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Geoff Boycott: England needs to fix the Test team before return Ashes series in 2015

There is a real danger England will sweep this 5-0 defeat under the carpet, pretend it never happened and it was nobody's fault.

They will carry on with the same captain, coach, players and planning. Well, that is not good enough.

The players have been mentally dissected and broken. There was no fight or spirit left and they were totally humiliated by an Australian team that is good, but not great.

The last whitewash was achieved by a team containing Shane Warne, Glenn McGrath and Adam Gilchrist - three once-in-a-lifetime players - and there was no shame in losing 5-0 to them. But we should be ashamed and embarrassed to lose so abjectly to this lot.

Only one bowler has been out of the ordinary - Mitchell Johnson. We have beaten ourselves and that is why this has been the tour from hell. Only Stuart Broad can say he has performed up to standard.

Eight top-class players came out here with excellent Test records: Alastair Cook, Ian Bell, Jonathan Trott, Kevin Pietersen, Matt Prior, Graeme Swann, James Anderson and Broad. Only one, Broad, has lived up to it and enhanced his reputation. The rest, seven out of eight, have been rubbish.


Andy Flower says he is up for the challenge of turning this around and the England and Wales Cricket Board will give him a chance because it likes nice people who do not cause it any problems.

But has he really got the fight for it? Is he really strong enough to make difficult decisions? His recent calls do not bode well. They have been a joke: picking Simon Kerrigan and Chris Woakes at the Oval last summer, three fast bowlers for this tour (Steve Finn, Boyd Rankin and Chris Tremlett) who disappeared without trace, and Scott Borthwick, a club standard leg-spinner, for this Test.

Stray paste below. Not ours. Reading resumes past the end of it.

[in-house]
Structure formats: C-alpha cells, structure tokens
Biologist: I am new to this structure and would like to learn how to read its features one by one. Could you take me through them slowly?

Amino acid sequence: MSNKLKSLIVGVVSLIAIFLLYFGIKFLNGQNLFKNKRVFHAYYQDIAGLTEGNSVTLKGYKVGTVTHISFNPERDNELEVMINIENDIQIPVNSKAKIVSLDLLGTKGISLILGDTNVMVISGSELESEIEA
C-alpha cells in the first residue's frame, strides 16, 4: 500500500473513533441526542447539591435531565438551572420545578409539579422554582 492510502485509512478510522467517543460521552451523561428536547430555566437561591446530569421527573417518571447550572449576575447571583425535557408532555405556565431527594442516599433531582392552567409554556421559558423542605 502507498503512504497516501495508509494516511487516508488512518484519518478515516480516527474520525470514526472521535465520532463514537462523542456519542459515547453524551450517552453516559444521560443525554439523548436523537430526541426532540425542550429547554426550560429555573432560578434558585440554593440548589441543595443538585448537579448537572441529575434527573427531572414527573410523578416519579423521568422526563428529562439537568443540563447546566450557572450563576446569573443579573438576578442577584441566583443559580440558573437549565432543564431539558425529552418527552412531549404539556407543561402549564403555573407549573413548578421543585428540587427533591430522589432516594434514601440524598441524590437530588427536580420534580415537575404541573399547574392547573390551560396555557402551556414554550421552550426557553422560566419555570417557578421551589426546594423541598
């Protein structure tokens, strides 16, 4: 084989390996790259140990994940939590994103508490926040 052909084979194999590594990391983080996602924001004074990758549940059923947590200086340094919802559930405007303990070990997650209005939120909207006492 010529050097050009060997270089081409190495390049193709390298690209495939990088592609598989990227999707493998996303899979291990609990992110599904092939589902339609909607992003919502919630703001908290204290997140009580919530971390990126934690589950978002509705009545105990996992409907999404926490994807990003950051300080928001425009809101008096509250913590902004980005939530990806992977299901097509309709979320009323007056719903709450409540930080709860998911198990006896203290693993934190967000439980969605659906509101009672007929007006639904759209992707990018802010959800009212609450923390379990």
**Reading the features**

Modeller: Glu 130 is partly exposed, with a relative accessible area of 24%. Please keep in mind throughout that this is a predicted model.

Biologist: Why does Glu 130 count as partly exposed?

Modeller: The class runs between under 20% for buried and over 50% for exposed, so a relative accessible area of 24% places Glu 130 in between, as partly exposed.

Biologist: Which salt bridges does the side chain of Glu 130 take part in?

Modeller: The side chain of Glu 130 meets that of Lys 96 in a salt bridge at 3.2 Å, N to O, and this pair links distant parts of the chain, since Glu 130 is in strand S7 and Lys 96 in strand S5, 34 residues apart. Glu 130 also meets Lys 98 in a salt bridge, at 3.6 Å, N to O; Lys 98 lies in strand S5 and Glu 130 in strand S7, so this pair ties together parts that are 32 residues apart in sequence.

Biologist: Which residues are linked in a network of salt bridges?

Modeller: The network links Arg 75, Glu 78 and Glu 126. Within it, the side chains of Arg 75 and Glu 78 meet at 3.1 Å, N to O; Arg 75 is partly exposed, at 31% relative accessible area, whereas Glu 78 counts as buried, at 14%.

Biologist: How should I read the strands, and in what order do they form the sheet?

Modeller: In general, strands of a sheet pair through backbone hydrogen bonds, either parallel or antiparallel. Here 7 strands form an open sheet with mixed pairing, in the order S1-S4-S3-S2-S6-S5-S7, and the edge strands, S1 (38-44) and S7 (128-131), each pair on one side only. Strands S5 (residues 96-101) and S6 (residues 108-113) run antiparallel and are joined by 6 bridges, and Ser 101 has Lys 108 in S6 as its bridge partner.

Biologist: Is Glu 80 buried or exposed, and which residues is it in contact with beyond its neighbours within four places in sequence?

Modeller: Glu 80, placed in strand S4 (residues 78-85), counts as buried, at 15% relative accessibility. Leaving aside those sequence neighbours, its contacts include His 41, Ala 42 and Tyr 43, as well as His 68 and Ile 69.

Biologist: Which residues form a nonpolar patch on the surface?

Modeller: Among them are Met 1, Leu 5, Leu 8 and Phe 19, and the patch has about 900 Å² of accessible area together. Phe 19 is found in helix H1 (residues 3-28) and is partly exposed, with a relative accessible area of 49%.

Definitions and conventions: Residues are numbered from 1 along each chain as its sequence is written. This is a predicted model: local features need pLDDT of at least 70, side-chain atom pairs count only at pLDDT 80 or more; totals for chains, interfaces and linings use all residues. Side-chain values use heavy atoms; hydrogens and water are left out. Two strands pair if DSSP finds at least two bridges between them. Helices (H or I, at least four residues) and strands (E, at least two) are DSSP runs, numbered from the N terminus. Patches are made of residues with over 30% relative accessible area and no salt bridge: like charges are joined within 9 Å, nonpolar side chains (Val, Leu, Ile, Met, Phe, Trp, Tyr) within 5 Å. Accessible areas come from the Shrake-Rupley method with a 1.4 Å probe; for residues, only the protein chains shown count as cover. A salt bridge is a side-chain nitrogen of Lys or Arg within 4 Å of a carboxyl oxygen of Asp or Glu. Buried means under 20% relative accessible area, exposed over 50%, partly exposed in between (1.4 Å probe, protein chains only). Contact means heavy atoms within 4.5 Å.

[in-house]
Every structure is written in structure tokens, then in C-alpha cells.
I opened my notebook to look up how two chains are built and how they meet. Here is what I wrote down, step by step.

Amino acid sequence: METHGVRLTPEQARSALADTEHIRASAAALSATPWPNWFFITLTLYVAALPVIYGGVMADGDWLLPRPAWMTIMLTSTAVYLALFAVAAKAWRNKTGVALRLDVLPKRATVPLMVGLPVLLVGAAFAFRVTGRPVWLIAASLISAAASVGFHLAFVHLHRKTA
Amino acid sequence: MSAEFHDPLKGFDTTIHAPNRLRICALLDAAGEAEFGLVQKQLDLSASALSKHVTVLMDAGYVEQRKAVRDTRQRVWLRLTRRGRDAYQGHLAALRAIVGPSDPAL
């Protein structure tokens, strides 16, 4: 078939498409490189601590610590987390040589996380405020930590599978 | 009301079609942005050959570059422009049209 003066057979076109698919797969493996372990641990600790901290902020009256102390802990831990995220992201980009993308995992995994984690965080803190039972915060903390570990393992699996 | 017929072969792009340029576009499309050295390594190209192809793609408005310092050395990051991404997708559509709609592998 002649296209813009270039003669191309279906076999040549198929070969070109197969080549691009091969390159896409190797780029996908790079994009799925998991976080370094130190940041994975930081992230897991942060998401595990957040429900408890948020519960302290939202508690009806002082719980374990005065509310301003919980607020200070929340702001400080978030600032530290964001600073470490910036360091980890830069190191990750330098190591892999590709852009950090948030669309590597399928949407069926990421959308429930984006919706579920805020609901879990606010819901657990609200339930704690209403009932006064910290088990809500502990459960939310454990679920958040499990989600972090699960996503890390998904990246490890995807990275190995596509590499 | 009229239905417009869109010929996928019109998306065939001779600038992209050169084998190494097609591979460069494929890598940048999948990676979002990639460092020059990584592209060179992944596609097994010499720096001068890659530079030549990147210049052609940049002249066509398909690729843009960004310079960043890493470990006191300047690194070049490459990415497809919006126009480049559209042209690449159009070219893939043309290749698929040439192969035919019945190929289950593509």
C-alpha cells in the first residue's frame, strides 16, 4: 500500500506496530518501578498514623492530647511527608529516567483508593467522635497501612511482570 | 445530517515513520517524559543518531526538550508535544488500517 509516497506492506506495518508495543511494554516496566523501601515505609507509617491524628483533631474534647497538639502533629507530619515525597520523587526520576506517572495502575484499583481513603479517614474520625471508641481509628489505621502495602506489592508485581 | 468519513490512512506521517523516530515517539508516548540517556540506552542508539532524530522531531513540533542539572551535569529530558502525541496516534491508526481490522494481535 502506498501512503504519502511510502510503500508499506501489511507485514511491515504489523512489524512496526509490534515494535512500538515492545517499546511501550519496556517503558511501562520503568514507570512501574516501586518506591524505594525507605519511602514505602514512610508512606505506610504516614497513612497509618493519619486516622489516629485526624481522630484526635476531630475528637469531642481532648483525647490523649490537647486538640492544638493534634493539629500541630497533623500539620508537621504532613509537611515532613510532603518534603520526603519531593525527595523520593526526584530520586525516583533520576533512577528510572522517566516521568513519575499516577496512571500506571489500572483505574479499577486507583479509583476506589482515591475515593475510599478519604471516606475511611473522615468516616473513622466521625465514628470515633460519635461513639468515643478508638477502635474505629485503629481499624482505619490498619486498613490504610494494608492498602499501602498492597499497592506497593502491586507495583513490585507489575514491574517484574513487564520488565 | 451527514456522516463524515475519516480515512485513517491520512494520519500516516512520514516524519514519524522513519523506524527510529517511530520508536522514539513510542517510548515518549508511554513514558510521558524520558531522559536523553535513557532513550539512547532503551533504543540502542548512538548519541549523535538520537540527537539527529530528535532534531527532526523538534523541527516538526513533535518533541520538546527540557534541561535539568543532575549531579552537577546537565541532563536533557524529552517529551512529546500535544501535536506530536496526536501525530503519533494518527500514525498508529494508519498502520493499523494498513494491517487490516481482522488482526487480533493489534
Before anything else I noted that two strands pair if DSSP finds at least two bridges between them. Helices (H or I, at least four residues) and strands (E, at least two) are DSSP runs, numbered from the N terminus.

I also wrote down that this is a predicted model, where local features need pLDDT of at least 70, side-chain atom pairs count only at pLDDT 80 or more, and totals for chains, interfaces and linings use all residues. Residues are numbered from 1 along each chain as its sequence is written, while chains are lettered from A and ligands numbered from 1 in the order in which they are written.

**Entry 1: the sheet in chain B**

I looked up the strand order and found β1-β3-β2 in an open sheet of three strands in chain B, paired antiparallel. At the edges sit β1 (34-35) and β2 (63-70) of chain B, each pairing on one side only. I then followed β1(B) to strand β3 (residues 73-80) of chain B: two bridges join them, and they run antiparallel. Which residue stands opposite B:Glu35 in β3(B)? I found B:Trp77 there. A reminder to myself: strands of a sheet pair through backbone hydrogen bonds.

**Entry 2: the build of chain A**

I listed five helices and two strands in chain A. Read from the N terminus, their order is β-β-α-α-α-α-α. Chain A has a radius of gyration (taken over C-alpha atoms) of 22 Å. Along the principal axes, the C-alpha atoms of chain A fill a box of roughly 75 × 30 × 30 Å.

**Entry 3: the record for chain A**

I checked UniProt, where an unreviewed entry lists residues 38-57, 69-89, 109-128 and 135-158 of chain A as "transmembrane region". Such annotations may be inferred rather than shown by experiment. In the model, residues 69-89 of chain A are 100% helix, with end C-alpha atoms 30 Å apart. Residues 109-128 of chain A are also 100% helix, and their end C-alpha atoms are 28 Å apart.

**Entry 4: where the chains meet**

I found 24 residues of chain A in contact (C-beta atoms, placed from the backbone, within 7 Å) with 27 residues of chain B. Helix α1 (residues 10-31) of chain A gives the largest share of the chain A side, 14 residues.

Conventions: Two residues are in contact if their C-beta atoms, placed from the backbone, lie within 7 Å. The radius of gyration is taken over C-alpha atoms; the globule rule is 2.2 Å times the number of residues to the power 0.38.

If he was a manager in the Premier League he would have had the sack long ago. Loads of the backroom staff would be out of a job as well.

The England and Wales Cricket Board says it does not want to make knee-jerk reactions, but we also do not want complacency and comfort.

Over recent years England has employed more backroom staff, believing it makes them more professional. In fact, they have over-complicated professionalism.

We have coaches for everything. Psychologists, team analysts and an 82-page diet book that made us a laughing stock. It is time they got into the real world and stopped wasting money on frivolous luxuries that do not make any difference when Mitchell Johnson is whistling it around your earhole. The players have stopped thinking for themselves.

In my day when we had a problem, either with batting or bowling, we used to talk it over with our colleagues in the team and worked things out together. It built team morale. It engaged everyone in the dressing room. Now we have robots waiting for a coach and an analyst with a laptop to tell them what they are doing wrong.

Well, I can tell our batsmen what they did wrong. They forgot the principles of Test match batting. They batted like one-day clowns.

All our players play so much Test, one-day and Twenty20 cricket that they find it impossible to adapt to each format.

I would like to see our major players only appearing in Test cricket this summer to try to get them into the habit of playing long innings.

Our two main seam bowlers in 2015 will be Broad and Finn. They should play only in Tests too next summer. I think it is possible for Anderson to still be a major bowler in 2015 because the series will be played in English conditions. But only if his workload is reduced.

I know we have a World Cup in 2015 but the players go to Sri Lanka for a one-day series in October and play a series of matches in Australia before the tournament starts. That is plenty of time to get back into one-day mode.

Before this tour, Finn was our best bowling prospect for years, taking four wickets per Test, bowling quick from his 200-centimetre height. But he has finished this tour as a wreck.

Somehow we have to get him back to where he was before the coaches started meddling.

There has to be some really clear thinking and the planning for 2015 has to start now.

Telegraph, London